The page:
Black Carp / Rainbow Carp

On nights my mother insists we sleep
the same bed, I resent how her breath
invades mine, how her voice funnels into my ear,
how she kneads the hollows of my eyes;
on the flea-bitten mattress we’d share
this genealogy
of pain—secrets staled over time; cancers
that died in my mother’s body, seeping
into my own gooseflesh. The desultory
winter cures us of long silences.

She has stopped telling me her girlhood tales
of collecting gumwrappers
& balancing tin buckets of muckwater to the valley,
but I remember every story. In the glossless countryside,
the only pleasure she had was staring
into the clear pond where black carp swam;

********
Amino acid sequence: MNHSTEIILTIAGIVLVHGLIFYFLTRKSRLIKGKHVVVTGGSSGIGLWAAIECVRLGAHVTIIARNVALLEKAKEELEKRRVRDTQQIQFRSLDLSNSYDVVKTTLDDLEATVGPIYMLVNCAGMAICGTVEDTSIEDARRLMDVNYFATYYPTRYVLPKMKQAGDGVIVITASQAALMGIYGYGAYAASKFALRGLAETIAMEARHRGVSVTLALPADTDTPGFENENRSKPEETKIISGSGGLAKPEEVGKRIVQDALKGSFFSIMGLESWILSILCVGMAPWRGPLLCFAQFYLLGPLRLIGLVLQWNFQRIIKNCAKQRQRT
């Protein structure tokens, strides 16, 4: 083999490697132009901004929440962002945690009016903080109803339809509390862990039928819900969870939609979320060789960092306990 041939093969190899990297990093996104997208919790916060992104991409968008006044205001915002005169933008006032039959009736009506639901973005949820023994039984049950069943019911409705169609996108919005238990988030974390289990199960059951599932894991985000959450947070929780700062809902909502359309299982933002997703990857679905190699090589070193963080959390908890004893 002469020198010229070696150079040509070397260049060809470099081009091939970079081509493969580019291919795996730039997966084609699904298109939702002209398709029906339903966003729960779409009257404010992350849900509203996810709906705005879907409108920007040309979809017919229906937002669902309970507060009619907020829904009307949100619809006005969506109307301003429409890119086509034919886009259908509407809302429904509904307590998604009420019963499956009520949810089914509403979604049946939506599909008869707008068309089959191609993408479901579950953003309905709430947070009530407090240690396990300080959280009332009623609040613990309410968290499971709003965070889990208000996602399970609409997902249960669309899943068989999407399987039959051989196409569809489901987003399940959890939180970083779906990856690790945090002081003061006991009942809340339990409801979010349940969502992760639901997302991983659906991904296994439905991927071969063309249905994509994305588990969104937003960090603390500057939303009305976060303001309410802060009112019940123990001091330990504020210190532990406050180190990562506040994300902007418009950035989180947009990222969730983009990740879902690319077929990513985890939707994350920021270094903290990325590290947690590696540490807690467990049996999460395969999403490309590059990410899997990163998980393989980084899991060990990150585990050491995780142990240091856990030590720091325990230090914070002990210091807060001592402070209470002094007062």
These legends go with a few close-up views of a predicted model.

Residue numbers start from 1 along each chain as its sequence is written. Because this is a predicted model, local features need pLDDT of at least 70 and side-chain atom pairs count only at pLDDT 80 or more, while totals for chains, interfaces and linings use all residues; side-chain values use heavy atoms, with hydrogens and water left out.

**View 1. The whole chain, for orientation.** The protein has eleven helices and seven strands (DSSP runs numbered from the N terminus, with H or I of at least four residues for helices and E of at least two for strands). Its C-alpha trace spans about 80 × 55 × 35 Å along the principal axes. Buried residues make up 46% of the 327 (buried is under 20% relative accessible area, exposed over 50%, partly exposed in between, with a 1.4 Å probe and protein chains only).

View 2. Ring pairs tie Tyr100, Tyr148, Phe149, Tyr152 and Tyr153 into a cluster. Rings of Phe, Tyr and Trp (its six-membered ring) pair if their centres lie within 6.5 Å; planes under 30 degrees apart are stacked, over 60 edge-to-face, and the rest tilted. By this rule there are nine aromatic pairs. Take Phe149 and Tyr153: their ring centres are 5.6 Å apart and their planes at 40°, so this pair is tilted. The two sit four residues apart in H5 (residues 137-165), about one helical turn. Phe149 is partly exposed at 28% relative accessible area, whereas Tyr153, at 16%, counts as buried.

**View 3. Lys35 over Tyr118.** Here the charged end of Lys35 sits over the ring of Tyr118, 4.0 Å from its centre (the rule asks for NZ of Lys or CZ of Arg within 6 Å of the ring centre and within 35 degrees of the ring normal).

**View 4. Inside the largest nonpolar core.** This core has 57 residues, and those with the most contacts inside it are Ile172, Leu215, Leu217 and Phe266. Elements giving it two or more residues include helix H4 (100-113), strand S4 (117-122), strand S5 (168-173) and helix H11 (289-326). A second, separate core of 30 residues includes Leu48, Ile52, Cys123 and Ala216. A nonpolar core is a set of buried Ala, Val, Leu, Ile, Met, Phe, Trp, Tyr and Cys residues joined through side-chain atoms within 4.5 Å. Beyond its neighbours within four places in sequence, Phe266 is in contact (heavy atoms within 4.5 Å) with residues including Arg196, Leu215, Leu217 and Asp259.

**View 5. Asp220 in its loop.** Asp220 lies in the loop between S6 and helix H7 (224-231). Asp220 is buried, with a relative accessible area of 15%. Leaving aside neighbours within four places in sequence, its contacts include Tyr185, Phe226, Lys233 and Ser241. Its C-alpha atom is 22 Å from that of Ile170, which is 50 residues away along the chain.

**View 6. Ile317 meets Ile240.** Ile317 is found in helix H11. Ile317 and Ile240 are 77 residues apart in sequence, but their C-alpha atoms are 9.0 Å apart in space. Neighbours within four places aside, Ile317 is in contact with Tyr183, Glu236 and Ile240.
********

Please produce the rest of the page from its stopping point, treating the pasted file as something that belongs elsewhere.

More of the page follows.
dipping her hand in until it swelled with cold.

Some nights when I’m on this bed with her,
I dream about horses and rainbow carp.
Each carp swarms huge as a child
polka-dotted with scarlet fever, tomato sauce
stains. They stretch & crowd the lake
inside my lungs. Above the water my mother
plays a baby grand piano covered in snow.

A sonata. A discordant wish.
I dive in, wake up to her snoring,
an affirmation of love—how difficult
when outside the traffic bumbles, a cesspool
of ambulance music. Streetlights polish her skin
to bitter thistle, & if I bent to cup my own grief
she would invade it with one riff, one arch
of shoulder blade, one throb.

Sally Wen Mao is the recipient of fellowships from Bucknell Seminar for Younger Poets and Kundiman. Her work has appeared or is forthcoming in ACM, Gargoyle, Night Train, Crab Orchard Review, and Copper Nickel, among others. (

Boxcar Poetry Review - ISSN 1931-1761